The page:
Hardscape makes a significant difference in any landscape design. The materials you use and how you use them can change your landscape from formless to fabulous.
Cracking open the inside scoop on hardscape surfaces (pun intended) start with a few questions: What is available? What’s the difference? How is it built? I’m only going to delve into the natural materials in this blog post. We’re going to look at walls, patios, and accents.
Why is hardscape important? This is the biggest investment you’ll make in your landscaping project. The upfront cost is offset in the long run by the lifespan of these elements. Sobering to consider, most masonry will outlast you and even your children.
These are permanent elements of the landscape that take a skilled craftsman to create. If designed and installed right, they become sculptural elements and set the stage for your life events. They often play the most practical roles such as a solid surface on which to entertain or a wall to retain a hillside.
Colors and Stone Close to Home
Natural stone comes in almost any color you can imagine. From a warm red brown to a cool blue grey; all the way to sparkling white and a deep charcoal grey. What’s in fashion today may change over time however, there are some basic truths – first and foremost is to match the stone with the architecture of the home.
Another great idea is to stick as closely with locally sourced stone as possible. That way you have a timeless look and feel that is place based. A great example of this is the photo below of modern work done on a historic site. All of the rock came from the property itself, creating a unique installation you can’t easily replicate.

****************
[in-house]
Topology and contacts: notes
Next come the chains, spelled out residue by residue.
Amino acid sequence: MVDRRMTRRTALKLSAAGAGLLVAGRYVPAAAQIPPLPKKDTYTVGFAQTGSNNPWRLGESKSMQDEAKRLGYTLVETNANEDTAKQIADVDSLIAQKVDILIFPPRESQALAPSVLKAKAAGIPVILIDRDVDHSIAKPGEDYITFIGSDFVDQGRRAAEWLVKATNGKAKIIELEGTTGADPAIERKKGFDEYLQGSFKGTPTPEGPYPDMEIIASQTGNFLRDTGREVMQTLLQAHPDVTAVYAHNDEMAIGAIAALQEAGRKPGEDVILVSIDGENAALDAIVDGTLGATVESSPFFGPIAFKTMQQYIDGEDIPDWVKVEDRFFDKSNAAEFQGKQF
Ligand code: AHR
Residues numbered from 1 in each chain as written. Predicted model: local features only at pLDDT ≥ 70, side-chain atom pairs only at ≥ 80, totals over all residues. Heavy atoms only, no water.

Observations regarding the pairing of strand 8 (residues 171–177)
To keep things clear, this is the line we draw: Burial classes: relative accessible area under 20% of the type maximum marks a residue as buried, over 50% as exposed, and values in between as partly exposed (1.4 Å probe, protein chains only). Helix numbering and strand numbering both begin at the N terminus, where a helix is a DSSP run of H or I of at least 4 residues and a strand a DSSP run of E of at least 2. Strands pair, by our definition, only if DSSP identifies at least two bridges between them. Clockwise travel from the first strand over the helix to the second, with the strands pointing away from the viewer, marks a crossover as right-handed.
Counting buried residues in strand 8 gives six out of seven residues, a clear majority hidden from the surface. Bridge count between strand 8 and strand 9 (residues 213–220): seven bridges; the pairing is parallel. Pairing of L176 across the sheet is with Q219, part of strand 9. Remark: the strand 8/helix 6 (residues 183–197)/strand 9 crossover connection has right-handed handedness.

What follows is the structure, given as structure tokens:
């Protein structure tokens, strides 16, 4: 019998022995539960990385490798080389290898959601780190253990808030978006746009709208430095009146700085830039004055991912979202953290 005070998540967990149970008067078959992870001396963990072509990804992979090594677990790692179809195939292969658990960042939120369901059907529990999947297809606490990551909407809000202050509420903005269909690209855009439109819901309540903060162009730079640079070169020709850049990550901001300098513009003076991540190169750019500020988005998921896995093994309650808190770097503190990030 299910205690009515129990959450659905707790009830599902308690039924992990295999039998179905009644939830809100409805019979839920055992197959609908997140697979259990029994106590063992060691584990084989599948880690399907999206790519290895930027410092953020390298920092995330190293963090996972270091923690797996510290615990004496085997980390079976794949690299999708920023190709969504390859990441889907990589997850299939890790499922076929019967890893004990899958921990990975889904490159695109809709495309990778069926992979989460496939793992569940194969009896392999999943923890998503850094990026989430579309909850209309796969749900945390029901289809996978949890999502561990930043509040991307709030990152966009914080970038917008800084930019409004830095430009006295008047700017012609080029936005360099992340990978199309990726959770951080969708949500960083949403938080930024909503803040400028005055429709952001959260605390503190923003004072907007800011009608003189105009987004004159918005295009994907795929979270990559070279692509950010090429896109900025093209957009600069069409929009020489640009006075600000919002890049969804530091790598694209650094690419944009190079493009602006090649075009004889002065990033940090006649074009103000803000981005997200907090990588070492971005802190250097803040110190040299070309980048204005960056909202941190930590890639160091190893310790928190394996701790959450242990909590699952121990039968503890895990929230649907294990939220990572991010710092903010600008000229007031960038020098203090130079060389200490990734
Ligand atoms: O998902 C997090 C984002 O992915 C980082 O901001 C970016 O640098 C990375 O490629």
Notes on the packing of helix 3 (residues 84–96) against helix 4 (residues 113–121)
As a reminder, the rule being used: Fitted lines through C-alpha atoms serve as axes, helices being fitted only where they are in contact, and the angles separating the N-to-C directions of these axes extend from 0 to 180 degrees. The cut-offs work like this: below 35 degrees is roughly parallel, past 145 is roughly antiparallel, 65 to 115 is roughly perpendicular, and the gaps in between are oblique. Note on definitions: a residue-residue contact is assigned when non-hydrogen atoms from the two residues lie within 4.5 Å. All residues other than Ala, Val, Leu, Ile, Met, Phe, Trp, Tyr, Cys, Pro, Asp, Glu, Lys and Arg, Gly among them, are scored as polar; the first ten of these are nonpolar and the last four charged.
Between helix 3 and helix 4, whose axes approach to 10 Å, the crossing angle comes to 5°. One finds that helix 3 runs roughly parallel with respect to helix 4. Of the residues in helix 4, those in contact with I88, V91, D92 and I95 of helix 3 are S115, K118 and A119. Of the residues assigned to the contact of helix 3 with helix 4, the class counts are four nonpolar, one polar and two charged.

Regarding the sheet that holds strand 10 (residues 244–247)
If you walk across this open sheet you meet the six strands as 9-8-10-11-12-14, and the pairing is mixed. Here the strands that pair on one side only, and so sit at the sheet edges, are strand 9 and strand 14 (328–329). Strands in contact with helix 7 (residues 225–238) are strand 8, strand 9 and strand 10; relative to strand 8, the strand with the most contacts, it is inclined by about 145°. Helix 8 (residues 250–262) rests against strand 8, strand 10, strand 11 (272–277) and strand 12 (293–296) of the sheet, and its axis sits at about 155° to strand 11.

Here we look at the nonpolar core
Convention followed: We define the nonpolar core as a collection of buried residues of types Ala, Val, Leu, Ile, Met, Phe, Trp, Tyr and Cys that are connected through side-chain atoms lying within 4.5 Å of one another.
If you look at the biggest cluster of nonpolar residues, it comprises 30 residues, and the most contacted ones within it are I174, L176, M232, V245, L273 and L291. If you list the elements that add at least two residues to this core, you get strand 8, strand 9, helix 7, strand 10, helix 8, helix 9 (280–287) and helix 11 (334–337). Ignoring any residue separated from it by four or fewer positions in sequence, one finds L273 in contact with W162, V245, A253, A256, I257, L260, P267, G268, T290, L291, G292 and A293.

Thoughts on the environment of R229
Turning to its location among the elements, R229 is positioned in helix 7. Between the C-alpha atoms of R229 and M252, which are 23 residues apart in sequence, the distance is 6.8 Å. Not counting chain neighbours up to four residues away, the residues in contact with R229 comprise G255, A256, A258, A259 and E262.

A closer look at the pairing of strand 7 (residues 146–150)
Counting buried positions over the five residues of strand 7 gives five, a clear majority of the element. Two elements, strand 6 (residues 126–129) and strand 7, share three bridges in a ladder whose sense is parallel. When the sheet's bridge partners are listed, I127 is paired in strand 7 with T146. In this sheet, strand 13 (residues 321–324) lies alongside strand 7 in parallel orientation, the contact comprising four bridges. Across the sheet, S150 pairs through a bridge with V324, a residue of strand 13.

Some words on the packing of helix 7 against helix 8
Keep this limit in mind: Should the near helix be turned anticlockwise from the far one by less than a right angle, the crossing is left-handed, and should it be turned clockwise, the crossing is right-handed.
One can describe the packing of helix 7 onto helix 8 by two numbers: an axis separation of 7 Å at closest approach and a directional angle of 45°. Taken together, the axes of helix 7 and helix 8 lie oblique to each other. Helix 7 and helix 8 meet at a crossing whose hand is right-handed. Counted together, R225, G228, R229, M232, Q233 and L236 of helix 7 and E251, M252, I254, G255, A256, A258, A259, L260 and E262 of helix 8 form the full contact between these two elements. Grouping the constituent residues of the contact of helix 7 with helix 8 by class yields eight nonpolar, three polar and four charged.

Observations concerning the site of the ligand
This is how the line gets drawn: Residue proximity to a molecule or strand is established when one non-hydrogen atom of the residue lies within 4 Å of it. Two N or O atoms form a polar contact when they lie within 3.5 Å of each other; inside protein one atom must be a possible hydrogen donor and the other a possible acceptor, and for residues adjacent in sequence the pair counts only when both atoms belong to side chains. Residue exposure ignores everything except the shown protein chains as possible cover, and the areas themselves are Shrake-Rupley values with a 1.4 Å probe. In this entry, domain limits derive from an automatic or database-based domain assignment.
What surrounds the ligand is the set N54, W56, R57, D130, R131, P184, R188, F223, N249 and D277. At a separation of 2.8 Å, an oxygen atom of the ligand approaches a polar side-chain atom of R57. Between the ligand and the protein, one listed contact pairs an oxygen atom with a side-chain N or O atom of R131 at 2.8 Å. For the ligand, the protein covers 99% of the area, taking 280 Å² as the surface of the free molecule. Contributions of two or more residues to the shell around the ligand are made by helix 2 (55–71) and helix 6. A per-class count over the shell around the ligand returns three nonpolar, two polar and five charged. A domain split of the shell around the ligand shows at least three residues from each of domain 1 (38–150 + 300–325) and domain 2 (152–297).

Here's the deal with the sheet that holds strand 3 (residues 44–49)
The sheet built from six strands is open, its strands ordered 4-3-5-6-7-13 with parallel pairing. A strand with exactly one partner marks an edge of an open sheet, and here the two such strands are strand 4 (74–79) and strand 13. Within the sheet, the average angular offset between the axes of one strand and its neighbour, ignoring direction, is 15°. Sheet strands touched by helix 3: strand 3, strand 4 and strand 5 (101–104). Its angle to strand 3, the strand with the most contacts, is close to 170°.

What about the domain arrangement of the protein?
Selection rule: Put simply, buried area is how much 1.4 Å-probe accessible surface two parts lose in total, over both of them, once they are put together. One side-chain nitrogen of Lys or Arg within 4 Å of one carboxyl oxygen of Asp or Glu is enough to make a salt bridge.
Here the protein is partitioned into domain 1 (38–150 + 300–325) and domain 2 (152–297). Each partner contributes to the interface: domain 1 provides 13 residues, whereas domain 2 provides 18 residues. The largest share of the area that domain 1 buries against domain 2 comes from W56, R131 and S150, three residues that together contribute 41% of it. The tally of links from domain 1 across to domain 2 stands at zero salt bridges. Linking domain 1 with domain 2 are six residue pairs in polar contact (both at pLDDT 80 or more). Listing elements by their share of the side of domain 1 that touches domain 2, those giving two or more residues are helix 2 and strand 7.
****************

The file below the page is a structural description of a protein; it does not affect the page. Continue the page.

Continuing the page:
Grout, Mortar and Joints
How your stone is connected is also an important aspect to the look and feel. Wider joint with mortar level to the stone are much more historic in feeling. Want those thin tight joints with precut stone – those are contemporary.
A friend recently talked about the hike up to Manchu Picchu and how ever single step to the top was still perfectly in place with the tightest dry joints. That is the pinnacle of masonry, where each stone was so perfectly crafted and placed that it’s stayed firmly in place over the millennia.
For all of us who don’t have an army of masons, here’s the different building styles and looks you can achieve with mortar or an invisible grout. Then, of course, we have full on dry stack, which is truly only supported by the way the rocks are stacked together.
Keep it Simple
My suggestion as a designer is to keep your hardscape palette simple. Choose a warmth (cool or warm) keep your hardscape within that palette. Here’s just a few combos that work:
If you like a cool palette, go with a Connecticut Bluestone, paired with a blue shale fines or Mexican pebble (black).
Want warm? You can use a sandstone or Arizona Flagstone. Lodi Trinity Gravel and/or Gold DG for the semi-permeable areas.
Both warm and cool palettes pair excellently with Napa Wall Rock. The light tan brown of the local stone is a great palette for both.
That’s just scratching the surface of combinations. It all depends on the look you want to create. However, I suggest that whatever look you do create you carry it through everything. I’ve been on projects that over time one area at a time converted from simple concrete to natural stone and the end results are stunning. Hardscape – from formless to fabulous!